As banking M&A heats up, it pays to know acquisition accounting
Aug 18, 2015
Since 1980, more than 10,000 mergers involving more than $7 trillion in acquired assets have taken place in the U.S. banking industry, according to a 2012 Federal Reserve working paper. And with regulators recently approving some mergers between regional banks, and the Federal Reserve finalizing a rule that makes it easier for small banks to pursue mergers, some banking industry experts expect M&A activity will pick up in the coming months.
This expected activity makes it critical that financial institutions have a solid grasp of acquisition accounting, according to David Heneke, principal in CliftonLarsonAllen LLP’s financial institutions practice.
“The industry’s in a state of consolidation, and with consolidation comes these accounting rules, so this affects anybody who’s thinking about an acquisition – either looking at making an acquisition or considering becoming a seller,” he said.
Heneke, who will lead a presentation on loan acquisition accounting at the 2015 Risk Management Summit presented by Abrigo on Sept. 23-25, says one of the most vexing areas of acquisition accounting is the process of dividing the acquired loan portfolio into “buckets” of impaired loans and performing loans.
Decisions about which of these loans get labeled purchased performing and which get labeled purchased impaired are important, because all assets and liabilities need to be recorded at fair value on the acquisition date. As loans are marked to fair value, the acquiree’s allowance doesn’t carry over; instead, the allowance takes shape as a discount to loans, according to Heneke. Those discounts are treated differently depending on the type of loan.
The accounting for purchased loans can impact pricing, Heneke noted. For example, the buyer of a financial institution can end up with an especially good deal if the seller agrees to retain a group of bad loans but doesn’t stipulate in the merger agreement that it will receive an amount equal to the reserve that had been set up for the loans (and which won’t carry over when the loans are marked to fair value).
Heneke advises that banks should only identify as purchased impaired those loans that absolutely have to be categorized that way. Data related to purchased performing loans can be integrated somewhat from the core system, he said, “so the accounting handles itself.” That’s not the case with purchased impaired loans, which require a lot of manual accounting, he said.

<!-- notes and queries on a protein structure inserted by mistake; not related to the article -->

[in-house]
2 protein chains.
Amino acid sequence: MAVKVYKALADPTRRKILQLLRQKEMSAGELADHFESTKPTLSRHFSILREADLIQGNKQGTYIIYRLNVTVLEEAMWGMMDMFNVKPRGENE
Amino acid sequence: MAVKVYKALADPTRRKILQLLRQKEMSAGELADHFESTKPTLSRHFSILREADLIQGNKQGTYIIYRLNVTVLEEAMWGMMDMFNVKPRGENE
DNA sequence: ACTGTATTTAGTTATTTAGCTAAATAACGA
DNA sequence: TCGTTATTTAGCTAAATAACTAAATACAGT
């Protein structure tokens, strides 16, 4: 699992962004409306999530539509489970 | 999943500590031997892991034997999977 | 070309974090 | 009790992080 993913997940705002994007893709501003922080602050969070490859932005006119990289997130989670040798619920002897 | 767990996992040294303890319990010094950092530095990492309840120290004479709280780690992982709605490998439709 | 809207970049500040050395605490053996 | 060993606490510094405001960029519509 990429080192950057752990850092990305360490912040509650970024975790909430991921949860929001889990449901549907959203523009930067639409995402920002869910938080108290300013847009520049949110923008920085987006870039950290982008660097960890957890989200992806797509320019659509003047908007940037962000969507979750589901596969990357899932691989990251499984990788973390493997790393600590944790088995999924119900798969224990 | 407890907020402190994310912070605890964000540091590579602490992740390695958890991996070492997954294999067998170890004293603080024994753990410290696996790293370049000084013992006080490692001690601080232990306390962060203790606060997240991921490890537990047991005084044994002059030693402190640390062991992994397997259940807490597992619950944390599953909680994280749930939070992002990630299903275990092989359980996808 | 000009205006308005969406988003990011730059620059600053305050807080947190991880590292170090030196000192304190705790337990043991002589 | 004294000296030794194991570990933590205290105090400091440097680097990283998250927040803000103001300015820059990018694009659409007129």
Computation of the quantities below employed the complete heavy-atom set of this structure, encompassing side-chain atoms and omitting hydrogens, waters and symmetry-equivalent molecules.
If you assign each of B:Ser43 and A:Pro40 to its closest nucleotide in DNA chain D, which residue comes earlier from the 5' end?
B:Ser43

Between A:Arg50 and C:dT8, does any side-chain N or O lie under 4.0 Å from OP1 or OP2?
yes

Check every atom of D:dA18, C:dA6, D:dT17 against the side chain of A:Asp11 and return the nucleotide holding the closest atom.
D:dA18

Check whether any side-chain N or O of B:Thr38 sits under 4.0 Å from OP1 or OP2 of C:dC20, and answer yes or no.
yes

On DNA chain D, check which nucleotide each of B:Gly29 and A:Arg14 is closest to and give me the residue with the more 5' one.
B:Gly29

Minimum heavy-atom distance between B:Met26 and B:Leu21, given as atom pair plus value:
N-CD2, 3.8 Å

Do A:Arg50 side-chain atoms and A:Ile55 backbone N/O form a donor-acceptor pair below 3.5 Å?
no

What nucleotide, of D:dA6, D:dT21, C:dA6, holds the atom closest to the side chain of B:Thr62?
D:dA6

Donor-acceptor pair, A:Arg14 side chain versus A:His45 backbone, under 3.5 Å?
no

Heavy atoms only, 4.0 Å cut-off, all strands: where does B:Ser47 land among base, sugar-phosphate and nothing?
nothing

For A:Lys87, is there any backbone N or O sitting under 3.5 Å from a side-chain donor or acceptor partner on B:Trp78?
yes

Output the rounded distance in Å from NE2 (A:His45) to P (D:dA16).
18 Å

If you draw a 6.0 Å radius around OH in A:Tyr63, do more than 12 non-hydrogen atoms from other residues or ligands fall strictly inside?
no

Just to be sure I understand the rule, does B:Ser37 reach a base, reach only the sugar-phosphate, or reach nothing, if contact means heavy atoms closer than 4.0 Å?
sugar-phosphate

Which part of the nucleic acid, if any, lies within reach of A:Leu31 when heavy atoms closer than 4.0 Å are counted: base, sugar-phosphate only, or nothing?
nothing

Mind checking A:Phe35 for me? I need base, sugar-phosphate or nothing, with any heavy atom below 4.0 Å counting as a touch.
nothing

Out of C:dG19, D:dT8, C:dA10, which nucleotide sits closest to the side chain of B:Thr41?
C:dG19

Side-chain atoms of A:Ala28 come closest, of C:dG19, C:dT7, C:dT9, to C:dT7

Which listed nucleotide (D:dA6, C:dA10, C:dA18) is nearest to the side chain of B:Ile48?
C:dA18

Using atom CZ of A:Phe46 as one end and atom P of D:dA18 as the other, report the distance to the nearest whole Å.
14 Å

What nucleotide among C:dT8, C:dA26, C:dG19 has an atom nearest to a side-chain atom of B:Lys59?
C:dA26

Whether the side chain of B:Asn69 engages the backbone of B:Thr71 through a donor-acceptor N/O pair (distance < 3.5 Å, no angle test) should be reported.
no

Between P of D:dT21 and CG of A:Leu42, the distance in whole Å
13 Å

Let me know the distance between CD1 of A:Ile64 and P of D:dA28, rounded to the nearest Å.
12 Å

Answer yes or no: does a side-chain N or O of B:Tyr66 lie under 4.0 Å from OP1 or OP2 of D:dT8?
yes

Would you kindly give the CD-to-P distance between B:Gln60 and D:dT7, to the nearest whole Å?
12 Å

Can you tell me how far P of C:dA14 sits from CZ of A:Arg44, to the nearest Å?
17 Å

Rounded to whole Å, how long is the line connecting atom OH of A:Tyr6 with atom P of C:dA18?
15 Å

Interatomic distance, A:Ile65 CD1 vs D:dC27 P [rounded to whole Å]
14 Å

In addition, once loans are labeled as either purchased performing or purchased impaired, the financial institution is stuck with that label until the loan is off the books, with limited exceptions.
He said only a couple of types of loans must be labeled as purchased impaired: Loans that are on nonaccrual status and loans that are 90 days past due. “That’s your starting point,” he said. “But outside of those two types, it comes down to the individual circumstances of an individual credit,” and financial institutions need more information about the loan to make the determination.
It’s these “tweener’’ loans– those that are current now but where there is a lot of doubt — that are the most challenging for banks as they try to bifurcate the loan portfolio, Heneke noted.
“For example, some banks call loans impaired because there’s a collateral shortfall, but it’s not an impaired loan by the pure definition, because there’s nothing to indicate it is probable they are going to stop paying,” he said. The theory of labeling a loan purchased impaired is based on whether the borrower can make payments.
Loans rated as substandard but not 90 days past due and not on nonaccrual status are tricky. Heneke recommends considering whether the borrower is current, and whether the borrower is expected to remain current into the foreseeable future. If the answer to those questions is yes, a case can be made to label this loan purchased performing. “But if the answer is no to either one, it’s a little harder to make the case for purchased performing treatment,” he said.
To learn more from Heneke about accounting for purchased loans, attend the 2015 Risk Management Summit. You can also download the whitepaper, “Accounting for Purchased Loans: Easier Said Than Done.”